By John Thomassen for American Numismatic Society (ANS) ……
In the world of humorous coffee shop signs, there is one that has always rung particularly true for this numismatic devotee: “I Don’t Drink Coffee To Wake Up, I Wake Up To Drink Coffee.”
For many, coffee and tea drinks are mere caffeine delivery systems with varying levels of real or artificial sucrose.
For others, they are magical brews sent down from on high and possess an elevated status on par with the finest Grand Crus of Burgundy and the rarest of Scottish single malts.
The truth, of course, lies somewhere in the middle, but after coming across a coffee-themed Civil War merchant token ultimately destined for the American Numismatic Society’s (ANS) eBay store, it inspired the question as to what other coffee or tea-related objects reside in the Society’s vast collection.
Let us embark, then, on a kind of “world tour” as it were, to sample a few of the coins, tokens, and medals linked to the consumption of coffee or tea (sometimes both on the same object). These are presented with limited commentary, to illustrate the kind of broad searches that can be performed within the American Numismatic Society’s MANTIS database.
Given that both coffee and tea were not introduced to Europe until the end of the 15th and the beginning of the 16th centuries, respectively. Interestingly, both sources of caffeine made landfall in Europe just decades apart—it is not surprising that a cursory search of the Greek, Roman, and Byzantine Departments do not yield any numismatic specimens with which this blog post is concerned.
Suffice it to say, we are starting our journey in the Islamic Department; fitting when one considers that the first historical accounts of coffee place its origins in present-day Yemen. That said, there are several fascinating (if not apocryphal) stories about coffee’s birthplace being Ethiopia instead, which the reader is highly encouraged to explore on their own.
Tea, of course, is just as popular as coffee (perhaps more so) in many Middle Eastern countries, so it is equally fitting that the first object on our numismatic tour is actually a bronze Iranian tea house token circa 1945–56, an interesting piece that the author is keen to learn more about.
East Asian Department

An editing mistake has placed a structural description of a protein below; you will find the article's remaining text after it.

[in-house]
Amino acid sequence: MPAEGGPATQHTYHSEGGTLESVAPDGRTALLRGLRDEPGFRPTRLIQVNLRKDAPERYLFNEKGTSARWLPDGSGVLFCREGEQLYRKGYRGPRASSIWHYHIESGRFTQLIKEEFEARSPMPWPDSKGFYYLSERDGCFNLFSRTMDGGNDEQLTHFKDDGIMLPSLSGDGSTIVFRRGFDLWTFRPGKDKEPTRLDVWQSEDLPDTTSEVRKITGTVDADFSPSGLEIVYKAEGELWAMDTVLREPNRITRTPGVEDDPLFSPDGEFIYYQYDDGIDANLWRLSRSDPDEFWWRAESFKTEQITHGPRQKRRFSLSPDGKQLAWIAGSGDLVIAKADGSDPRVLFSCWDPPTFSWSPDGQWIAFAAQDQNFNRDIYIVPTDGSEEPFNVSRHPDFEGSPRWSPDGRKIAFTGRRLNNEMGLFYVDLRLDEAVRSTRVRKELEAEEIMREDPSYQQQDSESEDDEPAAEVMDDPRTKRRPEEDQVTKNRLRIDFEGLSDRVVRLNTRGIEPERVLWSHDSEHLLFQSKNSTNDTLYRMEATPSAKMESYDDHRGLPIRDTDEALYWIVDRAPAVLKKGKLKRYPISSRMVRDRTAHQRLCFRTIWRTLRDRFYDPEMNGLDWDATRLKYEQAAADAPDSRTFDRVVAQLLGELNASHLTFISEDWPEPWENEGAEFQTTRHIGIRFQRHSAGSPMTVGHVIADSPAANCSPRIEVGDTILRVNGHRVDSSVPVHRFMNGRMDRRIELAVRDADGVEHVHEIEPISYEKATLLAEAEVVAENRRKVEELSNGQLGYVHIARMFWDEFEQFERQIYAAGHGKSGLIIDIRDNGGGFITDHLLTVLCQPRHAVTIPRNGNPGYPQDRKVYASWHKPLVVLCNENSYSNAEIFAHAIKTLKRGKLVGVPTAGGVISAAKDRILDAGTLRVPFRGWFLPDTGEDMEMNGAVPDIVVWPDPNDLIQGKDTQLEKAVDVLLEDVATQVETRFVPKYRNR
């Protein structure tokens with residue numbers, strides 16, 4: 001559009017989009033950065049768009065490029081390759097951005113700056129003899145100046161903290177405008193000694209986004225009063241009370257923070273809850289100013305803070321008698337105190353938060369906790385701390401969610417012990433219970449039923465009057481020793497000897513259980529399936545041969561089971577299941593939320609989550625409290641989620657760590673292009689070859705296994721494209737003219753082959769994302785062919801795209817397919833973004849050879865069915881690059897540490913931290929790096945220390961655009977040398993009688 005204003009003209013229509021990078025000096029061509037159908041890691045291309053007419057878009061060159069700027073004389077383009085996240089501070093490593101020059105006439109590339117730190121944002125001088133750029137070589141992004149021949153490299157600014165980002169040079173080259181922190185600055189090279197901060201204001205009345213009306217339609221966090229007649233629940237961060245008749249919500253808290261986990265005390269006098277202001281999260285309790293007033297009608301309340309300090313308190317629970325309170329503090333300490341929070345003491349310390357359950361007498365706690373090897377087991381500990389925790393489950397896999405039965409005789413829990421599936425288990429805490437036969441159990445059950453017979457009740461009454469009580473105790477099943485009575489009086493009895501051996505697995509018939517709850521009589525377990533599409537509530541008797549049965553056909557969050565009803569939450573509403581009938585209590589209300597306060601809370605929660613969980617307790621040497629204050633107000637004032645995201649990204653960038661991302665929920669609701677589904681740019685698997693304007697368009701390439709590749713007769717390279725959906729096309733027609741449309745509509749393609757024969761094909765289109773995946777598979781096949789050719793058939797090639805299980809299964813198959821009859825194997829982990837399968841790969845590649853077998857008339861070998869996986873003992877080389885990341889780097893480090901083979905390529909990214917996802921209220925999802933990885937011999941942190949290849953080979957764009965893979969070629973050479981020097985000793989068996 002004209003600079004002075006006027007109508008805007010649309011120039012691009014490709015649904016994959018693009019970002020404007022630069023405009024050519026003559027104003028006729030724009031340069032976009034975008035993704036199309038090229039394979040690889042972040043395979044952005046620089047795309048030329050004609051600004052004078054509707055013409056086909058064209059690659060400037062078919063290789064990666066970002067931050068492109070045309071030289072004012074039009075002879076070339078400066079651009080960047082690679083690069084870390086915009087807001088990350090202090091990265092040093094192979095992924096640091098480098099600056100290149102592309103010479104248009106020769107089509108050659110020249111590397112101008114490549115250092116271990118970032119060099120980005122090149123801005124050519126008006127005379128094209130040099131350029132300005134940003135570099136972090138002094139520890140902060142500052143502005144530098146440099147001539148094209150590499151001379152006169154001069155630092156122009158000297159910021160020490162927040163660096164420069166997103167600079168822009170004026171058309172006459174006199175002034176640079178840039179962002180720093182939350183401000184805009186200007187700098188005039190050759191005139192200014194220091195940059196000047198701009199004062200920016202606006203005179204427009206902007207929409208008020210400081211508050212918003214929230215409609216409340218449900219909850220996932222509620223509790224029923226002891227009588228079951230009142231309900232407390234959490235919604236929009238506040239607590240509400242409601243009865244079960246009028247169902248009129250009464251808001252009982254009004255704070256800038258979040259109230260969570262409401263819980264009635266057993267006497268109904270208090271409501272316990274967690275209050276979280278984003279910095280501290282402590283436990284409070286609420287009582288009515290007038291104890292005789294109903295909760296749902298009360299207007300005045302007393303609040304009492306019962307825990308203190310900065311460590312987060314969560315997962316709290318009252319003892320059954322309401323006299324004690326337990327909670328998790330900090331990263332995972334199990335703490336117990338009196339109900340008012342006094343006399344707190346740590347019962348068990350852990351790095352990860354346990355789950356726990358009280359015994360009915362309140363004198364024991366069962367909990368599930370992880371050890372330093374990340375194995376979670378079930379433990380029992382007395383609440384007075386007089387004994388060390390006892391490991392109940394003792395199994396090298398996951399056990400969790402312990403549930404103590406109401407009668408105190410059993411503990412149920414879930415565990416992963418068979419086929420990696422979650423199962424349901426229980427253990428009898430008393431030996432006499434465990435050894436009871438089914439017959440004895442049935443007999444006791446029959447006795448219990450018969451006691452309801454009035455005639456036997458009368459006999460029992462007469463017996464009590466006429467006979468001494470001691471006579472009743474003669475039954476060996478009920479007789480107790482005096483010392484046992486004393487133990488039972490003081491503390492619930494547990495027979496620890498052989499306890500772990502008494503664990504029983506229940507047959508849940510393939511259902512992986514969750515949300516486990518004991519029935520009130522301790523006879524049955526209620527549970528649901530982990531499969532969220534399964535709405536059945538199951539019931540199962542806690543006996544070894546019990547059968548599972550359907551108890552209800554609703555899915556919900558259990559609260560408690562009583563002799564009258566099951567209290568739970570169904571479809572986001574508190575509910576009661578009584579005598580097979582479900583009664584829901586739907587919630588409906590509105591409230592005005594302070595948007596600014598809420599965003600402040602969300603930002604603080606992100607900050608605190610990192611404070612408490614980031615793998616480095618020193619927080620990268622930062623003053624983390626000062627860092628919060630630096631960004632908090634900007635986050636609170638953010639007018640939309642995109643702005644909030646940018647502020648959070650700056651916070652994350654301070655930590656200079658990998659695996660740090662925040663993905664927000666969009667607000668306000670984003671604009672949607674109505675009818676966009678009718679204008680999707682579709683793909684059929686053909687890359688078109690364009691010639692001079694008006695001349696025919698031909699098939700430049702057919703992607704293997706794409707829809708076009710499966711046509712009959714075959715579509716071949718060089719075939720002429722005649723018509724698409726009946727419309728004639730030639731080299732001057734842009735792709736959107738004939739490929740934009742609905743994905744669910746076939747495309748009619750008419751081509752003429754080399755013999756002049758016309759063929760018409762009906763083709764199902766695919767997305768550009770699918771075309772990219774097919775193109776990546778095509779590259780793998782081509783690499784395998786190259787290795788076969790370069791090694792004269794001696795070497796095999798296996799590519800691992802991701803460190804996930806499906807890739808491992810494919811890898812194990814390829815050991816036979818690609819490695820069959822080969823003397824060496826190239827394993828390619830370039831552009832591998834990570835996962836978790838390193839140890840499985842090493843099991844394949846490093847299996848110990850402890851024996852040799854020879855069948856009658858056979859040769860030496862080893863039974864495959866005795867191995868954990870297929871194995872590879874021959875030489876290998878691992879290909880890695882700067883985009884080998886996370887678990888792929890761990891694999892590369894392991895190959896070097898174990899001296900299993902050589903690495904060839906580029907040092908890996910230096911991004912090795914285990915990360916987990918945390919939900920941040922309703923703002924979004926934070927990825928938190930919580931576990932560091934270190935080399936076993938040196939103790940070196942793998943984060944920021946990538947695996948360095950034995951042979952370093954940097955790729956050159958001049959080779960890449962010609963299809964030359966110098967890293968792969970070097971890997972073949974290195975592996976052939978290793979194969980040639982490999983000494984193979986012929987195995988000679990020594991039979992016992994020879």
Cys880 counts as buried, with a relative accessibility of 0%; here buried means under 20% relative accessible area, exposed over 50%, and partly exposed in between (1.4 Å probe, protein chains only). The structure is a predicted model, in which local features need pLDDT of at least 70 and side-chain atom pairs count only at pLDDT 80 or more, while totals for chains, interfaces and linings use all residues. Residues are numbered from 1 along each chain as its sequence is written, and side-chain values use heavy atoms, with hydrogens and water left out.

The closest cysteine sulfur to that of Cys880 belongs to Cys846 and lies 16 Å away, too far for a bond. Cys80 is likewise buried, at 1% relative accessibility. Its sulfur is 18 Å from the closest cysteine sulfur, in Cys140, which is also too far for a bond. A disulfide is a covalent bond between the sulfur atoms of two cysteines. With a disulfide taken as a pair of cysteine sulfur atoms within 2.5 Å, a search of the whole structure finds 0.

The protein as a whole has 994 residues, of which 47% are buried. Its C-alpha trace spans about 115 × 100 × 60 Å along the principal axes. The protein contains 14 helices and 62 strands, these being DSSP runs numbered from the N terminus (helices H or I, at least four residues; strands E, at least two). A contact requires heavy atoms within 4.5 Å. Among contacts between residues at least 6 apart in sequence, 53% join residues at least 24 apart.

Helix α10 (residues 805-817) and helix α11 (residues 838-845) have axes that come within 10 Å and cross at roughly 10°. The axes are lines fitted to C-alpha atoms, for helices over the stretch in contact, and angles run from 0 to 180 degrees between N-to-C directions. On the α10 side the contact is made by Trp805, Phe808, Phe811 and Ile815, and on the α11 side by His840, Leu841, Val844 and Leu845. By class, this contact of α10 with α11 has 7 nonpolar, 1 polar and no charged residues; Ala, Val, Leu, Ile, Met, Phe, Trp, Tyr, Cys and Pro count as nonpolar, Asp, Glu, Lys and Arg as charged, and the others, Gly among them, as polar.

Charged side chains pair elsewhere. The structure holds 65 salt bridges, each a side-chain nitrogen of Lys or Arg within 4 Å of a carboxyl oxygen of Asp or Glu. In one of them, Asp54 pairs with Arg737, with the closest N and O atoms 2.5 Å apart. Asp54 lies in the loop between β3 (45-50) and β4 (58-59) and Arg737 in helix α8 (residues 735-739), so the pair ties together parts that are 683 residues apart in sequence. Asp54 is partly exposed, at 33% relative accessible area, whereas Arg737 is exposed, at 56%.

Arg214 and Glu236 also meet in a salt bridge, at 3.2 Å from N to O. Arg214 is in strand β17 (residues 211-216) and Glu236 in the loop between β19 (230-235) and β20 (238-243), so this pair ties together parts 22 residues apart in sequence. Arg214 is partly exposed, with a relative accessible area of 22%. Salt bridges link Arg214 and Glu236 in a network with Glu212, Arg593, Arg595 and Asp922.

Our next stop is the East Asian Department, more specifically China, the undisputed birthplace of tea, or Camellia sinensis.
Here we also have a tea house token, this time in a copper alloy, oval-shaped, and uniface, with the reverse having an incuse impression of the characters on the obverse. It was issued by the Chung Ch’eng Tea House. Also featured is a wonderful tea brick produced by the Chao Li Qiao Brick Tea Manufacturing Company, circa 1875–1925. Although they are one of the few types of edible currencies known to circulate, the tea bricks that are still produced today have lost their role as a commonly accepted medium of exchange. According to the passage on brick tea in Robert D. Leonard’s Curious Currency, tea bricks came in various sizes, and mostly served the areas of eastern Tibet, Mongolia, and Siberia throughout the 19th century, and even into the early 20th century.
Additionally, some tea bricks were of better or lesser quality depending on where they were intended to circulate, and whether the bricks contained Russian Cyrillic inscriptions or Chinese ones.
South Asian Department
If the reader is noticing a trend with respect to tea dominating the tokens found in the Islamic, East Asian, and now South Asian Departments, this is a function of the importance that tea plays in this region of the world – although one should not underestimate the popularity of coffee in countries such as Japan, Korea, Vietnam, some Pacific Island nations (e.g., Hawaii), and Australia. The following bronze token was produced by the Lungla (Sylhet) Tea Co. Ld. Lungla Division, circa 1879–1900, and likely played a similar role as the previous tokens, either as advertising pieces, or tokens that could be exchanged for goods.